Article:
Our History

St. Mary Street United Methodist Church can trace it origins to the early 1870s when Broad Street Methodist Episcopal Church established a mission Sunday School on St. Mary Street near Federal Street.  For twenty-five years this mission was an exclusively all-white organization until Blacks, taking up residence in the neighborhood, began attending and joined the church in good standing. 

The Broad Street Methodist Episcopal Church continued to hold the title to the property and to maintain “oversight of the affairs” until 1919.  August of that year marked the beginning of a phased withdrawal on the part of the white Broad Street Trustees.  In October 1919 an all-Black Trustee Board was appointed, signaling the completion of the transition. 

It is noted in Rev. Dr. Ernest S. Lyght’s book, Path of Freedom, The Black Presence in New Jersey’s Burlington County, that in the 1920’s a declining membership of another all-Black church, the Belmont Methodist Church, caused its remaining members to affiliate with St. Mary Street Episcopal Church.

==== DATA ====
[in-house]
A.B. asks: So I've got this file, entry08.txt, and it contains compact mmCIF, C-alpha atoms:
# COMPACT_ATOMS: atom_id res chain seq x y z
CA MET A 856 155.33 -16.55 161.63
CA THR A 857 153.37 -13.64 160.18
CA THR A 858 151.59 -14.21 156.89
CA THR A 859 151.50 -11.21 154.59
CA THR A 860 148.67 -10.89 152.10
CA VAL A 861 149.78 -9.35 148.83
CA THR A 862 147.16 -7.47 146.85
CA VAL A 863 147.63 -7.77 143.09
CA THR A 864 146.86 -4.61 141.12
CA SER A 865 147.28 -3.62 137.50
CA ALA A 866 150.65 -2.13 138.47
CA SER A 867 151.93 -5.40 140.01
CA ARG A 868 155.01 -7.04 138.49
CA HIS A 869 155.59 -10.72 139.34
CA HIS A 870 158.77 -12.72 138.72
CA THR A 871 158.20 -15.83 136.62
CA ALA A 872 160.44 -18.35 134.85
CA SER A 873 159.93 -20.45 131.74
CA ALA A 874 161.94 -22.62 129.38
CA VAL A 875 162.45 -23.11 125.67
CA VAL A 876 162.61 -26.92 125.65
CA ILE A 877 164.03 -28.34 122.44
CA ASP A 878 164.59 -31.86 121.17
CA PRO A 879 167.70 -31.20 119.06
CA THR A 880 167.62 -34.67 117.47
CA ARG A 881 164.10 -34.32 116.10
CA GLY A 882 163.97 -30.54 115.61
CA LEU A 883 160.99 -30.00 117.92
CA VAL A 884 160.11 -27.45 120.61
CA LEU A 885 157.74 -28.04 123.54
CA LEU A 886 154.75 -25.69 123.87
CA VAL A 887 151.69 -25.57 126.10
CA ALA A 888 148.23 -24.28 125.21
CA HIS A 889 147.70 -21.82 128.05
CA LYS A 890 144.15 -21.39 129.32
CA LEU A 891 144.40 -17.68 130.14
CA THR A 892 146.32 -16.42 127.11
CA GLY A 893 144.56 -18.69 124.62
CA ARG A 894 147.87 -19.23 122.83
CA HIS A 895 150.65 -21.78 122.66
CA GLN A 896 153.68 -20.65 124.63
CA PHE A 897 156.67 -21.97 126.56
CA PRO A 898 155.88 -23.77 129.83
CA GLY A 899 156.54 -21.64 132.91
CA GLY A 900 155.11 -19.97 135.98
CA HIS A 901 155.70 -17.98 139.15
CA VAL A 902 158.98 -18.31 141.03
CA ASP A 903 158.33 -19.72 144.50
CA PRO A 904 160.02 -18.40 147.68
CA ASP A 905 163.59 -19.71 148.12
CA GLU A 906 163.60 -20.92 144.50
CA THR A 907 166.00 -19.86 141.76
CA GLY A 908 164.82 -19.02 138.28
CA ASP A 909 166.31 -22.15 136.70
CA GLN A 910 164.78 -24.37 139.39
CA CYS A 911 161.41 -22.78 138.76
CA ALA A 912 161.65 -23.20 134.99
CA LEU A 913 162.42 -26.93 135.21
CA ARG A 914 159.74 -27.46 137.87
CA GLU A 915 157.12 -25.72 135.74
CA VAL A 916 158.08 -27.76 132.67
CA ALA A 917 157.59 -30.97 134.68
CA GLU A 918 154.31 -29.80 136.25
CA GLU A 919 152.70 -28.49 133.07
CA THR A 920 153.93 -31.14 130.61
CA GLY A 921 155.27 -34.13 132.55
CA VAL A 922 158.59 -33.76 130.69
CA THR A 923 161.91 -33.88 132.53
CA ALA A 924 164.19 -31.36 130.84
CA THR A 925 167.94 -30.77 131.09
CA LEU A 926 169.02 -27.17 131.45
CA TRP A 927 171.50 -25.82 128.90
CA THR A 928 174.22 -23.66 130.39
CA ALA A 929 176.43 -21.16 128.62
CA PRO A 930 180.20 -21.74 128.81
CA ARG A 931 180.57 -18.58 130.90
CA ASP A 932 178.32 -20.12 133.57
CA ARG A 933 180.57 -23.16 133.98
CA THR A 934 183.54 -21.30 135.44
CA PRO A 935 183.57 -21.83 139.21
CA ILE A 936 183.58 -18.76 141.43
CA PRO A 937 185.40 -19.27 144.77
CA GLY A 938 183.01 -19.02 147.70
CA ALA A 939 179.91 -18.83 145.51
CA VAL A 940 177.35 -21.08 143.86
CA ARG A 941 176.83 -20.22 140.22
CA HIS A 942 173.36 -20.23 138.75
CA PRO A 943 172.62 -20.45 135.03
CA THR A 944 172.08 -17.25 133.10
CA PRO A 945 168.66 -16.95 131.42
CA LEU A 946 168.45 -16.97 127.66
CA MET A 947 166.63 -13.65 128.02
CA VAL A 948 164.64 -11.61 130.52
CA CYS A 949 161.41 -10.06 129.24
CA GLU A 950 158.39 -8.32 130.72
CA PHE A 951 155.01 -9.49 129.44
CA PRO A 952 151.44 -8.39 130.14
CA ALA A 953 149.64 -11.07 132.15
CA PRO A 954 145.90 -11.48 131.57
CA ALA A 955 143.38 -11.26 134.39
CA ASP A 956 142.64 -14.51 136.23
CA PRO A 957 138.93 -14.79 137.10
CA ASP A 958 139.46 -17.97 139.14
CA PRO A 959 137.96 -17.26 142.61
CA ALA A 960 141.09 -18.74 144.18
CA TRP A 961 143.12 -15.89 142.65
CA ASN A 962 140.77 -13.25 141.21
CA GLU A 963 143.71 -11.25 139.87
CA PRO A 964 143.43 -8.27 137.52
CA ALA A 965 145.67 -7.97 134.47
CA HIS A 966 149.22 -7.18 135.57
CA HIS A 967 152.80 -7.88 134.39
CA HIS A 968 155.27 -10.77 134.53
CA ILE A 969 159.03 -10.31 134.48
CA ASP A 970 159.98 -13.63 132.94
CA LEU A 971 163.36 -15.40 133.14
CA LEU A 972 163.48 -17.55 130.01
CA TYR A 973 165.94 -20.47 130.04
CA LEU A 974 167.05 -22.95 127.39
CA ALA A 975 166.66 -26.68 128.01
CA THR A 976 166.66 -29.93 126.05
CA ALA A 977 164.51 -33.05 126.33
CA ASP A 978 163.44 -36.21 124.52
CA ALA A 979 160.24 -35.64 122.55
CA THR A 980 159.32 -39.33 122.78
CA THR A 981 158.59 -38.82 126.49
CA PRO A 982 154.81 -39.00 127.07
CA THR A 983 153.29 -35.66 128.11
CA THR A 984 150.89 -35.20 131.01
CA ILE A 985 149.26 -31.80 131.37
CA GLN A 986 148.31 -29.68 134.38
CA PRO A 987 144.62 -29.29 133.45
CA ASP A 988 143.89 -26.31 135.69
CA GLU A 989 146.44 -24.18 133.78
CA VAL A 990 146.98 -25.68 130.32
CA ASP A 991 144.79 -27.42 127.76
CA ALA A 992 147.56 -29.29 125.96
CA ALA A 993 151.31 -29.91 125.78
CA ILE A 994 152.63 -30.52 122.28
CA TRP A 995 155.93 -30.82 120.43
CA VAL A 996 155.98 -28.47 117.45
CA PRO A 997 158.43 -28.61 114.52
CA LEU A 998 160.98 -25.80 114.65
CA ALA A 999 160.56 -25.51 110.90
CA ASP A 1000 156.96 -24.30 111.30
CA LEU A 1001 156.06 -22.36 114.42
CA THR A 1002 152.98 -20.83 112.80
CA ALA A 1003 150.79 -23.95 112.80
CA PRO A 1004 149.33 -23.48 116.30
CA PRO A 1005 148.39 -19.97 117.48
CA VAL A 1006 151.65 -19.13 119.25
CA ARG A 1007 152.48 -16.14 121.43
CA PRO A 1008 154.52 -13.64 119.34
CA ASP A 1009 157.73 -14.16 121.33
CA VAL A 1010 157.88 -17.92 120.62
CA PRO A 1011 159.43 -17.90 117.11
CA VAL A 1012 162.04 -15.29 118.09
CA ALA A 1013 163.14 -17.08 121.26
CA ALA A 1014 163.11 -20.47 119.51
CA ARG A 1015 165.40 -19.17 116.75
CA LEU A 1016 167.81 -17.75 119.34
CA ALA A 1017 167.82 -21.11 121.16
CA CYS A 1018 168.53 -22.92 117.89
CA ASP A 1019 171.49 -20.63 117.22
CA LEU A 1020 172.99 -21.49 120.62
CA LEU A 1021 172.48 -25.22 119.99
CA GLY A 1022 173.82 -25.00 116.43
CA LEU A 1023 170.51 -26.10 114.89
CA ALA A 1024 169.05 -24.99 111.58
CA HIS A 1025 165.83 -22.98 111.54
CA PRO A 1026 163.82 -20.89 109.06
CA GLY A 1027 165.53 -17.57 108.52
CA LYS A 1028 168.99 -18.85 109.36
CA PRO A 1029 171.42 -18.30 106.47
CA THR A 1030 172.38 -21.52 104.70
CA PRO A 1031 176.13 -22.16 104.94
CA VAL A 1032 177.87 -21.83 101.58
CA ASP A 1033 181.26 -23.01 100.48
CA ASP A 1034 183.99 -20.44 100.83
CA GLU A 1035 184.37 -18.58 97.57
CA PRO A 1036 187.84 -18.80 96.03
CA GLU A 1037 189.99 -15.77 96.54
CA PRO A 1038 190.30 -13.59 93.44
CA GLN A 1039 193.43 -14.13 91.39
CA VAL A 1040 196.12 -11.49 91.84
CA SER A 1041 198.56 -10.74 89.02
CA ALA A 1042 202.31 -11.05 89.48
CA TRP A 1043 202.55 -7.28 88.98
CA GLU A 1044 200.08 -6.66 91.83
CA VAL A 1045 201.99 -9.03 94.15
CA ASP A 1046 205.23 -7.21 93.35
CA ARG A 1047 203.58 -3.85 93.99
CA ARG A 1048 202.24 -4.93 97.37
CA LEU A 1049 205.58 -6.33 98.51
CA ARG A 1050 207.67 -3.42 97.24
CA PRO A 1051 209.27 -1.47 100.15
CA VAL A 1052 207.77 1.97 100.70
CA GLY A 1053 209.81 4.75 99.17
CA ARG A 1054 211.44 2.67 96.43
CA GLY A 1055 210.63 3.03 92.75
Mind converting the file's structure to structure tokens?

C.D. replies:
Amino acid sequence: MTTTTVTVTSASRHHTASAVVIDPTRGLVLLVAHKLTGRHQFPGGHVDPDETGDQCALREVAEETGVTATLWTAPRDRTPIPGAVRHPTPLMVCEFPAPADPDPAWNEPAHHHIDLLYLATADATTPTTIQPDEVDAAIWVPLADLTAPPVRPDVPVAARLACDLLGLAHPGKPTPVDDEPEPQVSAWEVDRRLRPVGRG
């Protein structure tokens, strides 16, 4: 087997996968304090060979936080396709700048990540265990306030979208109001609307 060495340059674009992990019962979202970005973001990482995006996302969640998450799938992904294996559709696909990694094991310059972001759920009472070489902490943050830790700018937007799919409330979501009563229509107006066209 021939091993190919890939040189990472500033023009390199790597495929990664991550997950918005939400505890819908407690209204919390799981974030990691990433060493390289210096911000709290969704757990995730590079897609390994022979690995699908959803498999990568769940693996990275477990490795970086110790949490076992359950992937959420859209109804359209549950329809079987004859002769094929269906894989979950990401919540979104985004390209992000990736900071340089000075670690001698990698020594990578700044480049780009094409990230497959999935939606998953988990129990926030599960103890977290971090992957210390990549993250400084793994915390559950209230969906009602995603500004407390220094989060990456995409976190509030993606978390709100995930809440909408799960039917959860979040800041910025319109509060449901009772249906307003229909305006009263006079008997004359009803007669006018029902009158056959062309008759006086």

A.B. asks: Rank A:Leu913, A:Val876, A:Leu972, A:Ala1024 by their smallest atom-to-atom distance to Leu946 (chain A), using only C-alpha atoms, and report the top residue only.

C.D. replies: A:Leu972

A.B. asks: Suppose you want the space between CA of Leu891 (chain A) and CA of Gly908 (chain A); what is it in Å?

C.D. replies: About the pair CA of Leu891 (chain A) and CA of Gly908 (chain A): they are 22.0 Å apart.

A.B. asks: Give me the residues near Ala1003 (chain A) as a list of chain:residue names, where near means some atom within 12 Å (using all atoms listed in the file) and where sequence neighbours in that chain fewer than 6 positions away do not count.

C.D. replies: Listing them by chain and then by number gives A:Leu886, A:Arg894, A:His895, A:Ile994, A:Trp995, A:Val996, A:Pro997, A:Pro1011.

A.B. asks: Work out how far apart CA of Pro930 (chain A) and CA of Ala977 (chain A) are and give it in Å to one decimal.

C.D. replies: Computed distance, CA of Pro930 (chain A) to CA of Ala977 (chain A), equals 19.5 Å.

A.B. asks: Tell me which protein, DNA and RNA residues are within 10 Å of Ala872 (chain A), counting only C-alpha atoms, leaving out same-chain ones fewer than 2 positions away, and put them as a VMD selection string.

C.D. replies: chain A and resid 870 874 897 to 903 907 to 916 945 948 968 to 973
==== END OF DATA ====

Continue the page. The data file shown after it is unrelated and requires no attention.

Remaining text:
In 1952, although its membership was small, we were able to raise enough money to make many renovations to the church sanctuary, including raising the building off the ground and adding a basement to accommodate a kitchen, dining area and bathrooms. 

On  September 2,  2003, ground was broken to begin construction of a new sanctuary, and on July 25, 2004, our new sanctuary/fellowship hall was consecrated.    

Indeed, for more than 150 years God has smiled on St. Mary Street United Methodist Church.  Through His boundless grace and mercy, He has seen fit to bring forth from our congregation several Lay Speakers and two United Methodist ministers: Hampton Williamson and Karline Dubuisson.  And we are very proud to say that in 1996, former pastor Ernest S. Lyght was elevated to the charge of Bishop of the United Methodist Church. 

We pray that God continues to use St. Mary Street United Methodist Church to advance His kingdom here in Burlington, New Jersey.